PDF slides: Big Data and Cloud Computing 101
In this lecture we first define Big Data in terms of data management problems with the three V's: (i) Volume: the data is large, (2) Variety: the data is often not clean and tabular, but messy (text, even images), (3) Velocity: new data keeps arriving continuously. We also discuss Power Laws in many Big Data problems: the mass of data is in the long tail, the long tail cannot be ignored as it may represent the majority of all datapoints. Power Law distributions are typical in social networks, e.g. the distribution of amount of twitter followers has a power law distribution.
We explain Eric Brewers CAP theorem: a global software system cannot achieve all three of Consistency (reads always reflect the latest updates), Availability (the system is always up), Partitionability (the system is resistant against loss of communication between datacenters), and describe concepts as replication and sharding and their consequences in terms of read speed, update speed and consistency.
As we work on large computer infrastructures, we distinguish between three related areas: (1) Super Computing, where performance is king and programmability a side-issue, (2) Cluster Computing, which is about quickly getting things done on large clusters of unreliable machines, and (3) Cloud Computing, where computation is performed in large clusters operated by third party, sold as a commodity service to users based on their actual use, seamlessly allowing to get more or less of it based on their needs (elasticity). In the practicum where we use Hadoop (cluster computing) on Amazon Web Services (cloud computing) we hence combine (2) and (3). Super computing is out of scope for this module. In cloud computing, we further distinguish between IaaS: Infrastructure-as-a-Service (virtual machines for rent, e.g. Amazon EC2), PaaS: Platform as-a-service (database system for rent, e.g. Amazon Redshift) and SaaS: Software-as-a-Service (application for rent, e.g. Microsoft Office 365 or Salesforce).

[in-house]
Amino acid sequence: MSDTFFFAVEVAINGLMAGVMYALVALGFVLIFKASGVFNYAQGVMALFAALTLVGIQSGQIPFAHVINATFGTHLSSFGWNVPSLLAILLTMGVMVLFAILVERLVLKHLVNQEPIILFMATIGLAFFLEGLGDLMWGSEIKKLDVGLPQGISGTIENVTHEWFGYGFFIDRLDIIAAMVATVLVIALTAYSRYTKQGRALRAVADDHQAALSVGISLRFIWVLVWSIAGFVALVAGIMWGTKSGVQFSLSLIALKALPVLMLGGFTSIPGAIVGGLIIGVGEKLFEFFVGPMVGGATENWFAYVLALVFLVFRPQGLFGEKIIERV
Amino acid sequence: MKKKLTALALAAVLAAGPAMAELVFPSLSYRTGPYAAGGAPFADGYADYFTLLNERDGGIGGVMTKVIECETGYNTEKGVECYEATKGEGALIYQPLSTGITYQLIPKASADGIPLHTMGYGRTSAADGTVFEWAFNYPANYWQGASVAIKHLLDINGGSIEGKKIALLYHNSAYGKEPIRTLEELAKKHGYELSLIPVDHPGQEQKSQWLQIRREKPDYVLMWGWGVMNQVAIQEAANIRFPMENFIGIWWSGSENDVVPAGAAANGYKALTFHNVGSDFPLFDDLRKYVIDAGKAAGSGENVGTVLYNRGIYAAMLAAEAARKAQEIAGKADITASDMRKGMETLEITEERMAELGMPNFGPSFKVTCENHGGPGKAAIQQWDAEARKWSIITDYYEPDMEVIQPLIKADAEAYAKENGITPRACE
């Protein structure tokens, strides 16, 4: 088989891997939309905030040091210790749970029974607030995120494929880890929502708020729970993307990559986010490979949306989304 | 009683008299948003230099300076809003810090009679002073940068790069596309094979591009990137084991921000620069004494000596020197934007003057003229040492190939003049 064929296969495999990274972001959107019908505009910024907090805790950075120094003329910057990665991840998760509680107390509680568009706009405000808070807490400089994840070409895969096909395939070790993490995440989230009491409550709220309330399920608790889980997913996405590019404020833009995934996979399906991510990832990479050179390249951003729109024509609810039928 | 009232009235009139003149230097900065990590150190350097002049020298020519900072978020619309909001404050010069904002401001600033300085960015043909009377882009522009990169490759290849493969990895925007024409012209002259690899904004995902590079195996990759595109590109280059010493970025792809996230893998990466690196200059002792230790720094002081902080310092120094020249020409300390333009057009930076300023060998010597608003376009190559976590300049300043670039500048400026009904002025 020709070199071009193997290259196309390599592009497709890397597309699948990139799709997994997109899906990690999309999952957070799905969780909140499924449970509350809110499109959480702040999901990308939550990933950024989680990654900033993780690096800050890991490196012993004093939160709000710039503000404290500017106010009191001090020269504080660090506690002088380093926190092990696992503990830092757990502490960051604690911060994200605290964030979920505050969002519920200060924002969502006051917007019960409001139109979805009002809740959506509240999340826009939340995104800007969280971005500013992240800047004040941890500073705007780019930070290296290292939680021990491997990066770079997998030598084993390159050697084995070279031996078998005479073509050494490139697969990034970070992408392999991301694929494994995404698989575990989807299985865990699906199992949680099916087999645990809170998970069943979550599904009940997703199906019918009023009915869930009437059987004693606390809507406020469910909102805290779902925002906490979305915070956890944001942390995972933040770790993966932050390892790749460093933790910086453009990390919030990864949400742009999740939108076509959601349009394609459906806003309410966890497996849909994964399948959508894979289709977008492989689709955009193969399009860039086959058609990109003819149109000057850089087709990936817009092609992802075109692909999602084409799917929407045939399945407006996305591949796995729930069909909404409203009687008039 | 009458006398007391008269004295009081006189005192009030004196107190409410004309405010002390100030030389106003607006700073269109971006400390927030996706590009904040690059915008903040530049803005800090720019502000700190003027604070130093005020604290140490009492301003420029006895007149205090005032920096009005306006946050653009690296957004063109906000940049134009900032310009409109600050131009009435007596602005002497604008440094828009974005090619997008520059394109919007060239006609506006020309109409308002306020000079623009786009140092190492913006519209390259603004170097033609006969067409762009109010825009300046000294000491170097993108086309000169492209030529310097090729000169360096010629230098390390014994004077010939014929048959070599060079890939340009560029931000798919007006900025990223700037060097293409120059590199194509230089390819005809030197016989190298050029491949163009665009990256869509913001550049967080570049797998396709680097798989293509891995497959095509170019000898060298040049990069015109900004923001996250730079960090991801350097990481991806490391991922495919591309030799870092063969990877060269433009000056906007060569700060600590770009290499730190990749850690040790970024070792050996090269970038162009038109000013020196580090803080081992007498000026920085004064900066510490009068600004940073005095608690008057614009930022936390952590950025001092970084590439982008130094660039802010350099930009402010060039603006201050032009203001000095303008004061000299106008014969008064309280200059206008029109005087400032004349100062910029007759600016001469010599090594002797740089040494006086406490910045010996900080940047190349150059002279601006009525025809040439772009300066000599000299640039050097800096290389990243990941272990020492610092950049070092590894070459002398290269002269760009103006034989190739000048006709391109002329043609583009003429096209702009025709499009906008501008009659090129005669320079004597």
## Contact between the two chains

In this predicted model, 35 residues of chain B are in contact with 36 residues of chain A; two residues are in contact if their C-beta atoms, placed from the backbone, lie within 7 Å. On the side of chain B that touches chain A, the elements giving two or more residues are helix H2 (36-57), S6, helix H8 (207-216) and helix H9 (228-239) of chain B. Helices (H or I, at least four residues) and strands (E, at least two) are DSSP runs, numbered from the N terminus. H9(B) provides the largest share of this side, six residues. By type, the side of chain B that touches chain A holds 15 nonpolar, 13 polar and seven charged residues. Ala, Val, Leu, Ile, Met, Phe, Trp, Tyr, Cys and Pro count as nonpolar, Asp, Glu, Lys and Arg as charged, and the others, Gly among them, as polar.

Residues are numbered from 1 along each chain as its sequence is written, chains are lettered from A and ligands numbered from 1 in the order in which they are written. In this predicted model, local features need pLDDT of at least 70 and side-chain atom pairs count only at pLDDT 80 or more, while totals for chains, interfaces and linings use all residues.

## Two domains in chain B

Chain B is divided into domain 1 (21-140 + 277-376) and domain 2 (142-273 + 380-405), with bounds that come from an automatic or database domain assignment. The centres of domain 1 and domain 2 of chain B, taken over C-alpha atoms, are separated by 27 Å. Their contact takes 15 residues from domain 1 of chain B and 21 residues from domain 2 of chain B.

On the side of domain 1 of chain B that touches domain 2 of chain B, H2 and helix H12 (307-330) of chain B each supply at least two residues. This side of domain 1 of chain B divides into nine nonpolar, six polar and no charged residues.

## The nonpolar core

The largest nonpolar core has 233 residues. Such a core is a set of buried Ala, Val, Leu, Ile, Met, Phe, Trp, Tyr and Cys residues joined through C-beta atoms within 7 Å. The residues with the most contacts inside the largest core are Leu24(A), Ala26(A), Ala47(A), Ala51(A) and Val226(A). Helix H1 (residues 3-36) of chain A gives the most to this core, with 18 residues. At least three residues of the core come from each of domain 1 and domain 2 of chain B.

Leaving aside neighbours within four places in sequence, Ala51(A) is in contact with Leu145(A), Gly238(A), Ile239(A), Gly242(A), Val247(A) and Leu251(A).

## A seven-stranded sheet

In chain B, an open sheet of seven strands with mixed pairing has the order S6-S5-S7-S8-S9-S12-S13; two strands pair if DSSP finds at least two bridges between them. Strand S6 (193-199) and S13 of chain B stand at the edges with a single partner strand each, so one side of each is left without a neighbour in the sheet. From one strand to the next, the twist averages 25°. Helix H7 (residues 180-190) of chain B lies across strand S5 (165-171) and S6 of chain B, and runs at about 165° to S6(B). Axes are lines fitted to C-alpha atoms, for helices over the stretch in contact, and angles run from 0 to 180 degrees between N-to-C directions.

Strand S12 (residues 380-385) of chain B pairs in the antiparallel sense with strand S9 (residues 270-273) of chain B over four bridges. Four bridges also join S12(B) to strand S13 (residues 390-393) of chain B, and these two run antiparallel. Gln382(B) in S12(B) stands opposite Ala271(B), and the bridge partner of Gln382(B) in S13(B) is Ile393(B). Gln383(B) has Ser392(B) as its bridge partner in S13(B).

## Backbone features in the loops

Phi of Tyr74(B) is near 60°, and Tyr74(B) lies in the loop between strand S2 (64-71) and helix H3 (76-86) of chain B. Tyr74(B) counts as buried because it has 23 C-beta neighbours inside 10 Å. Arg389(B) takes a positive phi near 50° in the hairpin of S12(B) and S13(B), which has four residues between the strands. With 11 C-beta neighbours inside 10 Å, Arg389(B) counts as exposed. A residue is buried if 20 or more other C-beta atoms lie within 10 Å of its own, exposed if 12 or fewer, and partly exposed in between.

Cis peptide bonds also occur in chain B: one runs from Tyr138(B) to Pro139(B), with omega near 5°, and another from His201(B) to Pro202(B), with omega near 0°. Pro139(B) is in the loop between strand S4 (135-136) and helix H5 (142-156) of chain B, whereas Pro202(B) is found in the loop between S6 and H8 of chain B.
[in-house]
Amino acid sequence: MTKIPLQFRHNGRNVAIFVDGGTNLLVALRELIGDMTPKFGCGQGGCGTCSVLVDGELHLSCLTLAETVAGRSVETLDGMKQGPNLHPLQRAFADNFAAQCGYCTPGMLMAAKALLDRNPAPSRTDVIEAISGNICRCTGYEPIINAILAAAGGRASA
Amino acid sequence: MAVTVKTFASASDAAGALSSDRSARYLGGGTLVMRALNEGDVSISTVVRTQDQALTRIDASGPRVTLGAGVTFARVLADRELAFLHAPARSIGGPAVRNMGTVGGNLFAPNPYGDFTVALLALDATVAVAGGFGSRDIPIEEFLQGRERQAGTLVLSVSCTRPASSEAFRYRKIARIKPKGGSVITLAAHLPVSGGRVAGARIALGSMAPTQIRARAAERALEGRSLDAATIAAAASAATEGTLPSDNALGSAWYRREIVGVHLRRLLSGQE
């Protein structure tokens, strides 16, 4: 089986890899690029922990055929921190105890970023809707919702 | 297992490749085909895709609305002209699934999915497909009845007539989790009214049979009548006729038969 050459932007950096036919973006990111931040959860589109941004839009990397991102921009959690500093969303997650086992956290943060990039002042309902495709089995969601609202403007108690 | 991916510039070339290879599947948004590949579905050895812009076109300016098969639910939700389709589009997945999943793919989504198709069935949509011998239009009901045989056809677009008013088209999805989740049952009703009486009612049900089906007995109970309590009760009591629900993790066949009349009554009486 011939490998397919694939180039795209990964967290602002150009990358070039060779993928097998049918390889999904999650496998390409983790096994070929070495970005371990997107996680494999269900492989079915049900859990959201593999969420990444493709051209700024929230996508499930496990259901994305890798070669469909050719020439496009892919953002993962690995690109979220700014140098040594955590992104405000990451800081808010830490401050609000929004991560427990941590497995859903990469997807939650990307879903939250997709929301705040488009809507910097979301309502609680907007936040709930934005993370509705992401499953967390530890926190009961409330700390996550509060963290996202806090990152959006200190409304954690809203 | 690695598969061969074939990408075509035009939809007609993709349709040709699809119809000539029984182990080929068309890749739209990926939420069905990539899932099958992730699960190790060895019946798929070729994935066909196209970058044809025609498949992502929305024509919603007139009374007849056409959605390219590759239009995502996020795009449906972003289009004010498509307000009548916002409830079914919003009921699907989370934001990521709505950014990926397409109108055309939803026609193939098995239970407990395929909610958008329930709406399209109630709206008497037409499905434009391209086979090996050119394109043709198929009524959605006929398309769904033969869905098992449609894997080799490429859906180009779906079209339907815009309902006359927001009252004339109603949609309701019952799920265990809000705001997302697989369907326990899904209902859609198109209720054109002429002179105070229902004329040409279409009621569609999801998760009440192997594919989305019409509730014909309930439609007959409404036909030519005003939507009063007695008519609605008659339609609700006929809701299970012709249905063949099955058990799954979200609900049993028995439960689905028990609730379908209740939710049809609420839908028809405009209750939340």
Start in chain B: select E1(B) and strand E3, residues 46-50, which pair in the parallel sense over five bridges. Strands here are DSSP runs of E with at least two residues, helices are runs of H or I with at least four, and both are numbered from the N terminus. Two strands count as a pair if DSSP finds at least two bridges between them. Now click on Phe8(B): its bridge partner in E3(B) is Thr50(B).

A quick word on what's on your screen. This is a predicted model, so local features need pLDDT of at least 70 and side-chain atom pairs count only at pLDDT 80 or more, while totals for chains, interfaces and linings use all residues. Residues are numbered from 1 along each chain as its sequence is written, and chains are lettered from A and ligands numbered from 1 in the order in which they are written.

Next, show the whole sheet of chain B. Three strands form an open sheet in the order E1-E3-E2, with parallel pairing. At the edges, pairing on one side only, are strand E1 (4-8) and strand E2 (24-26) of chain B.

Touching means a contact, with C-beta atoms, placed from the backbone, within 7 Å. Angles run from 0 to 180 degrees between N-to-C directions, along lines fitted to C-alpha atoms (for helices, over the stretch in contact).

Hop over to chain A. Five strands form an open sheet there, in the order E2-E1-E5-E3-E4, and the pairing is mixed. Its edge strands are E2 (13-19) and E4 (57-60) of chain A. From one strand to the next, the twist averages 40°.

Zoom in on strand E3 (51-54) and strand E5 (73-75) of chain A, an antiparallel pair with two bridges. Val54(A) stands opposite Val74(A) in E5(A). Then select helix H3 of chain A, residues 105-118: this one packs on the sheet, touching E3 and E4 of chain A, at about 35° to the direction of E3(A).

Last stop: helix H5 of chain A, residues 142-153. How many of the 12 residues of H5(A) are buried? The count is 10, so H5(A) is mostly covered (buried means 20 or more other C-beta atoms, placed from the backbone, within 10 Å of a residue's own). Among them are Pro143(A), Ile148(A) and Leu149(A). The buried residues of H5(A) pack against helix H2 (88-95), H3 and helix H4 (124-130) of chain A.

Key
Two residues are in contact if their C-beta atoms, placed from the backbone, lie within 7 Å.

The last part of the lecture describes Amazon Web Services (AWS) in some detail to prepare you for the practicum. Services to remember are S3 block storage (infinitely scaling storage -- presumably implemented by spreading storage with replication over the hundreds of thousands of machines Amazon owns), EBFS filesystems which are virtual disks that store their data remotely on S3 but do a lot of caching to avoid network traffic, and the EC2 service that allows to power up virtual machines in the cloud (and some of the options to choose from in terms of CPU, RAM, and local disks aka "ephimeral storage" which are empty when you start-up).
Practicum Instructions: Google Doc
The practicum will be performed on Amazon Web Services (AWS).
This book on hardware architecture of clusters provides the reader a deeper technical understanding of cloud hardware and software.
A light way into more material, specifically on Amazon Web Services, is this YouTube video given in 2011 at the STRATA conference by Amazon CTO Werner Vogels -- a VU PhD graduate!
Finally, after having attended the lecture, the technical architects among you might have a shot at the following Amazon promo presentation How to Scale Your Next Idea on AWS: a Love Story that highlights the function of many of their services for constructing resilient, scalable and secure web applications. We hope it will make more sense to you than before the lecture -- although in the lecture we do not really explain all the Amazon Services mentioned there.